This year what is readily apparent at this stage in the season is the generally healthy appearance of the vines — not just the homogeneous, lush green foliage but also the perfectly formed clusters of berries showing varying stages of development; some still almost entirely green, others already changing colour, whilst others at a more advanced stage of ripening with almost the whole bunch displaying the blue-purple tones of the varieties that turn colour more precociously such as the Touriga Franca and Tinta Barroca. This is the beginning of the ‘pintor’, (literally ‘painter’ in Portuguese), the stage in the annual cycle of the vine known as ‘véraison’ when ripening of the grapes begins in earnest as the sugar content in the berries begins to rise steadily.
Alexandre Mariz, the Quinta dos Malvedos and Quinta do Tua viticulturist informed us that the pintor began about a week late, in step with the generally later vegetative cycle of the vine this year, which as he explained can be largely attributed to the generally cooler conditions experienced during the first half of 2013. However, this is of minor concern to Alexandre who is upbeat about the prospects for a good year. He pointed out the very encouraging progress of the ‘atempamento’, the process whereby the vine stems and stalks transition from the vivid green ‘herbaceous’ stage to a red-brown woodier colour (becoming less sappy and more rigid). This is always a sure sign of quality, revealing that the plant is filtering water more sparingly to the clusters of berries which will lead to greater concentration and ultimately, higher fruit quality.
Alexandre commented that he has often been reminded this year of how things used to be many years past, when the seasons were more clear-cut and the vines’ annual development cycle followed a more predictable and even pattern. He told us that the ‘maias’, small yellow wildflowers (yellow broom), which normally appear in May (hence the name ‘maia’ from ‘Maio’ – Portuguese for May), did actually bloom in May, whereas over the last few years they have often arrived precociously in February or March, ‘duped’ by earlier than normal spring conditions.
The two replanted vineyard plots at Malvedos are looking splendid; the bench-grafted vines planted in March are prospering in their mountain vineyard environment. Alexandre was visibly satisfied by how well the new plantations have been settling in, helped along by some drip-feed irrigation, which is allowed during this early stage of the vines’ life in order to help them get established. At the northwestern edge of the Quinta, at approximately 350 metres (1,150 feet), where we have planted four hectares of Touriga Nacional and two hectares of Sousão, the newly sculpted terraces, known as patamares, looked impressive and one wonders at the skill of the hardy men and women who shape them out of such steep slopes.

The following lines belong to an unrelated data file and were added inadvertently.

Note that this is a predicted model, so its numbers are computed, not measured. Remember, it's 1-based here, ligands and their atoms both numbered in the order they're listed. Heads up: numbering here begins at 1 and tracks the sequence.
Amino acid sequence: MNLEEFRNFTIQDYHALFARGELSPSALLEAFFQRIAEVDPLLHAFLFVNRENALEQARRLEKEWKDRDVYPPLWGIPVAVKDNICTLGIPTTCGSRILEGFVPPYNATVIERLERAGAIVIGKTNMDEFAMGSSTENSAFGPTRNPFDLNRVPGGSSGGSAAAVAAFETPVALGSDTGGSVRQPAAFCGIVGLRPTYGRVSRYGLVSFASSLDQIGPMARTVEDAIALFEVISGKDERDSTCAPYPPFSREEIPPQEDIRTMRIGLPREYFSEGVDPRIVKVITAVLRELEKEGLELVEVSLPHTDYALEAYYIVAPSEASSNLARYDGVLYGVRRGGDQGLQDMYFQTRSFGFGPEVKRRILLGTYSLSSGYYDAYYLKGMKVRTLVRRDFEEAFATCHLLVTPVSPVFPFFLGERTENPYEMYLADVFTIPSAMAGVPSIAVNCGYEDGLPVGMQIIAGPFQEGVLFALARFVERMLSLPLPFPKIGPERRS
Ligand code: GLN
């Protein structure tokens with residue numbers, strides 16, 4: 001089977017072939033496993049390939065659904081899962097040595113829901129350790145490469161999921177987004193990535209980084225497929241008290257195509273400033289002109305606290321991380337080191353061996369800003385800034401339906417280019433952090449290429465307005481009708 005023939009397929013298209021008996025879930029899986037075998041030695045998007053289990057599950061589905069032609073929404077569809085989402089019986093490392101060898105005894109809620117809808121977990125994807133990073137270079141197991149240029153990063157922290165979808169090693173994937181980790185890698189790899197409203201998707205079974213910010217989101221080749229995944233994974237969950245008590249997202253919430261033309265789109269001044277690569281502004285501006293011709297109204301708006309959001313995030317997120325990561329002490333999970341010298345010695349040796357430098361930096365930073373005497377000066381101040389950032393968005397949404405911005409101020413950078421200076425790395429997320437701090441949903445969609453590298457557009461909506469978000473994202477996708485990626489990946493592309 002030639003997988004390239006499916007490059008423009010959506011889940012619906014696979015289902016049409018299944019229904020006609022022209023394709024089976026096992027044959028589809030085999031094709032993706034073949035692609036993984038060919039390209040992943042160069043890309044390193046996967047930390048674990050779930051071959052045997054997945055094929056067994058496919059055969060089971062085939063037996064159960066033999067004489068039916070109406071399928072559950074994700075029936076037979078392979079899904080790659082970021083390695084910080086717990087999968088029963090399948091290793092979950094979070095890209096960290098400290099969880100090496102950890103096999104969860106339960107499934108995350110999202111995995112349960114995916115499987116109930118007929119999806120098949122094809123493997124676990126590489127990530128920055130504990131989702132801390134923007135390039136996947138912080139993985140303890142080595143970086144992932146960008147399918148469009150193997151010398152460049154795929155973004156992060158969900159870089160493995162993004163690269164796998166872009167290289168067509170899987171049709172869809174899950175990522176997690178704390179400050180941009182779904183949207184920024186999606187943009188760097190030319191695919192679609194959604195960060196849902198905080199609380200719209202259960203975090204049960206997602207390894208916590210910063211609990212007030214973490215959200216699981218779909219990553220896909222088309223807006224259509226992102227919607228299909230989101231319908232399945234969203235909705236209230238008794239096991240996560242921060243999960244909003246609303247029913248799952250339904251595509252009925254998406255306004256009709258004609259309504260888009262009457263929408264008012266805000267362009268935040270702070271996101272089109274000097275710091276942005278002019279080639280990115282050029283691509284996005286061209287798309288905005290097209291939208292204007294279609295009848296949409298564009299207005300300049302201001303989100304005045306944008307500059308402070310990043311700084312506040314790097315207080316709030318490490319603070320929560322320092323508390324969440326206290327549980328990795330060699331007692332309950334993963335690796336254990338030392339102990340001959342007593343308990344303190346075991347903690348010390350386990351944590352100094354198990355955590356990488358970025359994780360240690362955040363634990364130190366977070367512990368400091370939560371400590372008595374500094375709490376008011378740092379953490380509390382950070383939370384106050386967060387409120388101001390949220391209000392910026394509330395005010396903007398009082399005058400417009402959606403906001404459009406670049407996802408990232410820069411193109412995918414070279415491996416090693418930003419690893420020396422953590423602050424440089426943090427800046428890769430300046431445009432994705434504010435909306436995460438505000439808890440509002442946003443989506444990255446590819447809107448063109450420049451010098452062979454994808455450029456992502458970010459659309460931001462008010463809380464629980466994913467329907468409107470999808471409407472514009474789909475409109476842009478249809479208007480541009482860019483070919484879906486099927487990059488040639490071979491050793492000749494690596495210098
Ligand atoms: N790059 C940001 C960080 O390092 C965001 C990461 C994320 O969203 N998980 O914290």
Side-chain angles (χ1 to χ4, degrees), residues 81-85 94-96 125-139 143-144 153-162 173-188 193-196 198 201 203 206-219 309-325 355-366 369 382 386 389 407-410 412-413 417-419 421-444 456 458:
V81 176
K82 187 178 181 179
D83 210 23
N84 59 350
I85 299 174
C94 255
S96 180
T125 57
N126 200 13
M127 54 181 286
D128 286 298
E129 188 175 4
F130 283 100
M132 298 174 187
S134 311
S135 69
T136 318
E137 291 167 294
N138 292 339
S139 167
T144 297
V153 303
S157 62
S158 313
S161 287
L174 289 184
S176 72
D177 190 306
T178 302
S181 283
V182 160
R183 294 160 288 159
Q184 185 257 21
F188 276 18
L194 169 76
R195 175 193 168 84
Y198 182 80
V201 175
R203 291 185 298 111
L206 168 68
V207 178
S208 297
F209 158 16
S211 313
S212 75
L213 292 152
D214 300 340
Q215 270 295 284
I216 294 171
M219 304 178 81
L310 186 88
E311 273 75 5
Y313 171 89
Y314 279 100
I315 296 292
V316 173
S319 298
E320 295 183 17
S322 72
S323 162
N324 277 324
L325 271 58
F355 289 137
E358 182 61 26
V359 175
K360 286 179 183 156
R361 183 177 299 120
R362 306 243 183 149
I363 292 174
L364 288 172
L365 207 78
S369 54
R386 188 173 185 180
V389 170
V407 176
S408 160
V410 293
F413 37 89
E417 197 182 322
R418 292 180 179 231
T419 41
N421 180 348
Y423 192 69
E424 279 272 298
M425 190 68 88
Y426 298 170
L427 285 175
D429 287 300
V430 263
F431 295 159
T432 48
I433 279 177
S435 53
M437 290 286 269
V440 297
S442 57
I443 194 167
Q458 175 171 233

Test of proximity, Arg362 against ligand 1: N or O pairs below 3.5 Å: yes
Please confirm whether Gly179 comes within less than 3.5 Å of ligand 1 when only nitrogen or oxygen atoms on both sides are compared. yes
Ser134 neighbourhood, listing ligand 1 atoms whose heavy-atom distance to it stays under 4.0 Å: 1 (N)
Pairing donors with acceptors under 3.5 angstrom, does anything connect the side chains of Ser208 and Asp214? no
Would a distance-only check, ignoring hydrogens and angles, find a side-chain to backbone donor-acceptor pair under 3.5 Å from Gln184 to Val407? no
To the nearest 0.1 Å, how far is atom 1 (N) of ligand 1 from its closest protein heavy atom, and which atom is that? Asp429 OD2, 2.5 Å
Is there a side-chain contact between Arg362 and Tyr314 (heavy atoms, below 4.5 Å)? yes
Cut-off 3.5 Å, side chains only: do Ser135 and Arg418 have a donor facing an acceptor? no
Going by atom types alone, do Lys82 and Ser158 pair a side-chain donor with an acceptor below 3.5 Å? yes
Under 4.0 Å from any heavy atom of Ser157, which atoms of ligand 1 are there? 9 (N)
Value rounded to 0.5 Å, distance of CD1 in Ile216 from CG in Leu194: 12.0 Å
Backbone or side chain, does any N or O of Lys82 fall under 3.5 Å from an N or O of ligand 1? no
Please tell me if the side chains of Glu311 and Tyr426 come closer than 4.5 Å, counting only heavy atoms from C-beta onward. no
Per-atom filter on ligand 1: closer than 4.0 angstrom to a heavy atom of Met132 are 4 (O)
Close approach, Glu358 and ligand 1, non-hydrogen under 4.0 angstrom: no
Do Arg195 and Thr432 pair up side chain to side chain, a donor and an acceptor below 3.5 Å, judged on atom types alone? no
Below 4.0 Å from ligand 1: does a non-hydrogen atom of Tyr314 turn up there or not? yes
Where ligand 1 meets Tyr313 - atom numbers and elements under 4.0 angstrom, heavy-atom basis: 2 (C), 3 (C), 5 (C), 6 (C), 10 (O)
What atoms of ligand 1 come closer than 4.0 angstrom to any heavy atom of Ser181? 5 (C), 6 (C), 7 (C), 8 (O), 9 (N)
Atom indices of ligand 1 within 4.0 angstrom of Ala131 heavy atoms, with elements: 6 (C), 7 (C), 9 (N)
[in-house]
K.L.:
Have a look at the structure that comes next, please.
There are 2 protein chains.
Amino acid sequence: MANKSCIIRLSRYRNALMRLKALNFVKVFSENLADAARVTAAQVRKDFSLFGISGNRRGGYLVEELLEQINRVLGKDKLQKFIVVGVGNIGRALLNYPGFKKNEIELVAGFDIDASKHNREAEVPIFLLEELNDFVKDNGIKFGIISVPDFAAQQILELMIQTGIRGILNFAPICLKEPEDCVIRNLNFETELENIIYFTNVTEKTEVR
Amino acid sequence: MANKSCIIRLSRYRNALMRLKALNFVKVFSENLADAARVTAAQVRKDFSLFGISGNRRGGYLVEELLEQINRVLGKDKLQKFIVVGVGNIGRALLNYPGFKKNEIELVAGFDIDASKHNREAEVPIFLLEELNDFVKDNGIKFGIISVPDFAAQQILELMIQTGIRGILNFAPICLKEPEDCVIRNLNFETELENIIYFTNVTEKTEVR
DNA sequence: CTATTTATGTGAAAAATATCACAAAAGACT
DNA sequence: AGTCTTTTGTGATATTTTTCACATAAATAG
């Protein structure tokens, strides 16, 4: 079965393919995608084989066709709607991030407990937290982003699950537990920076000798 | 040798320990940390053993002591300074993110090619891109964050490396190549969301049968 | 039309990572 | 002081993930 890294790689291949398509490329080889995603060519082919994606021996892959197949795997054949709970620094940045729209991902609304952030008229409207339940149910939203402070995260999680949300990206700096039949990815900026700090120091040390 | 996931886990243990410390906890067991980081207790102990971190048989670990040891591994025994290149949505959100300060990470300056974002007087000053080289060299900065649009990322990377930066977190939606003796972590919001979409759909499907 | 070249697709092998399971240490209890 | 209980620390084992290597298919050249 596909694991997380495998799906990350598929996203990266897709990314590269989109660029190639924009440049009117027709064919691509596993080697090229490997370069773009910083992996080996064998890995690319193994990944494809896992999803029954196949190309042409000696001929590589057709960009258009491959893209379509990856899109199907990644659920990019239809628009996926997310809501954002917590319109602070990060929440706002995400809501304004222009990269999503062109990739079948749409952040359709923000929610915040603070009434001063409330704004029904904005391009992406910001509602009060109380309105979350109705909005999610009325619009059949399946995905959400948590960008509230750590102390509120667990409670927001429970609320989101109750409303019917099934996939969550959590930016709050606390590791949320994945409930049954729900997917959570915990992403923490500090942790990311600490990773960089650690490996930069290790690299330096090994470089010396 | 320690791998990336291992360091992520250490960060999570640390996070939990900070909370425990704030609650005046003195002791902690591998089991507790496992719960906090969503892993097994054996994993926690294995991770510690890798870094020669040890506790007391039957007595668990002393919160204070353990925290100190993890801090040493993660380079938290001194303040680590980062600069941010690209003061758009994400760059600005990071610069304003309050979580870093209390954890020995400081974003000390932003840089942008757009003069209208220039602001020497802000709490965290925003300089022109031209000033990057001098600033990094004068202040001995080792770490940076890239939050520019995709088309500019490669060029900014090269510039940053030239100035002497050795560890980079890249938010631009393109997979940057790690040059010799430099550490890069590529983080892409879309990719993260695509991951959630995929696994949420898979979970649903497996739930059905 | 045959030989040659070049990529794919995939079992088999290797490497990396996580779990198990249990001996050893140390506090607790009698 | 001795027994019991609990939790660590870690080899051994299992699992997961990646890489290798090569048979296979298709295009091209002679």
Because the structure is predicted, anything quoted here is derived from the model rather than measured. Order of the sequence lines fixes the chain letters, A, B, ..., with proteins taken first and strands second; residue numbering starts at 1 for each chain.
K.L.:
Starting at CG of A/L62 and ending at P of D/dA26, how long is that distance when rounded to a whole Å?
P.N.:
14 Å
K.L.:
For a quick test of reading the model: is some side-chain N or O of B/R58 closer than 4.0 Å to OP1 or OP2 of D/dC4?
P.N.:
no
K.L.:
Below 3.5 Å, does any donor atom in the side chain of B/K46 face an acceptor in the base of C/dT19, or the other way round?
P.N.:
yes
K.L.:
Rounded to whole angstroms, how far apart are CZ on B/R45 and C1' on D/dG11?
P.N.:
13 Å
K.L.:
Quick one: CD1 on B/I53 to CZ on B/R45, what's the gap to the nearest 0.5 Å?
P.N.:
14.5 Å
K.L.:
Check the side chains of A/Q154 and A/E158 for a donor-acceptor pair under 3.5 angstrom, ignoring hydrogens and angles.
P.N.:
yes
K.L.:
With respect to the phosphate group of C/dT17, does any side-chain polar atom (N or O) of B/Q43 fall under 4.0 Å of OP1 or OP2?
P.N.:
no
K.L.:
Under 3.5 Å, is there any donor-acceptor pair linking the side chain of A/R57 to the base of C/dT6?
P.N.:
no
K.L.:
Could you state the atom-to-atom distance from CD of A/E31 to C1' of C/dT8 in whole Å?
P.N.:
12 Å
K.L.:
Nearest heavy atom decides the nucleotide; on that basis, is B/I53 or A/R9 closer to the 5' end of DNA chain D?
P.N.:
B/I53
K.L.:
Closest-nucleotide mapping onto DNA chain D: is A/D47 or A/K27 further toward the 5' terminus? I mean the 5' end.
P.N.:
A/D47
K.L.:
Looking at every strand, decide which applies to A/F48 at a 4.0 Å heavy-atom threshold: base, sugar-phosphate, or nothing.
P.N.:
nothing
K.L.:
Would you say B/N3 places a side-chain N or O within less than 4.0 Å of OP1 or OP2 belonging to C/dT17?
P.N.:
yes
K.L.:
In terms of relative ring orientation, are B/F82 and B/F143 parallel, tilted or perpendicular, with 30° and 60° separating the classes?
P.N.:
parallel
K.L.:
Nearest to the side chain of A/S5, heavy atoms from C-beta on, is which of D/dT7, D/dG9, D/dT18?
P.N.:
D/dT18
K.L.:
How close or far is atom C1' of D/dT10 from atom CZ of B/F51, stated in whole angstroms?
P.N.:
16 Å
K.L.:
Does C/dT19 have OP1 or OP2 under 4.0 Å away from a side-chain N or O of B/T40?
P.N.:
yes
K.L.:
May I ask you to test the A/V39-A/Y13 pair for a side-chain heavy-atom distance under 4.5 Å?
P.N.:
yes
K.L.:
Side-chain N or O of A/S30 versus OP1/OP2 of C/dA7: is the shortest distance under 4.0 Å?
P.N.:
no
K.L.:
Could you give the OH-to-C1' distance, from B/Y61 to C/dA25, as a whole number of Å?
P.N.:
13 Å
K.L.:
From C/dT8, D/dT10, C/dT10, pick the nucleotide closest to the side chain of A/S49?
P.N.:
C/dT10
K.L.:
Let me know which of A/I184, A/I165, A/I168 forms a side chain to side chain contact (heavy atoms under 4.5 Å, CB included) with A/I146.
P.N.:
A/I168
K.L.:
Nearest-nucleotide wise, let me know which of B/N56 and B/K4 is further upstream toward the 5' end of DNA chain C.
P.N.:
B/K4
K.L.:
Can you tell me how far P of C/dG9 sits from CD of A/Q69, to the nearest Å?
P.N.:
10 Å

Alexandre is pleased with the drainage ditch, which will collect and channel excess (rain) water, which would otherwise contribute to erosion – one of the toughest challenges we face in our vineyards in the Douro. The terraces are canted slightly inwards towards the hillside to retain some rainwater, whilst also moderately arched along their length so that excess water can run off and gather into the drainage system.
Alexandre took the time to share some of his deep knowledge of the Douro’s vineyard environment. He provided some fascinating insights on the schist soil and how it creates the unique identity of the Douro’s wines. Schist is formed into laminated layers with many fissures and cracks which eventually crumble into loose rocks of varying size and also over time into a fine dust. This allows the vines’ roots to progress deep into the soil in search of water and moisture. The strata at varying angles have many fissures along which rainwater collects and is evenly distributed, and thus the schist acts as a water retainer and distributor. The vine roots not only develop downwards but also across (along the fissures) to tap as much available moisture as possible.
Schist is also a temperature regulator. The mica (a shiny silicate mineral) present in the schist refracts much of the sun’s powerful rays creating a twofold effect; first, heat is radiated off the stony surface upwards into the vines, contributing to the grapes’ ripening and, secondly, this deflected heat means that the temperature of the subsoil is lower than at surface level. Importantly this translates into less evaporation, conserving the moisture in the soil that sustains the vines over the long hot months of the ripening season. Alexandre illustrated this phenomenon by digging just a little into the soil and grabbing a handful of soil, which he formed into a moist pasty cake in his palm. Considering we’re in the second half of July with midday air temperatures well over 30ºC, this really demonstrated the point.
The old west-facing stone terraces at Malvedos (opposite the ‘Port Arthur’ vineyard) suffered damage from a fire started by sparks from a passing preserved steam locomotive 3 years ago. Next year we plan on replanting these terraces with Alicante Bouschet and Touriga Nacional.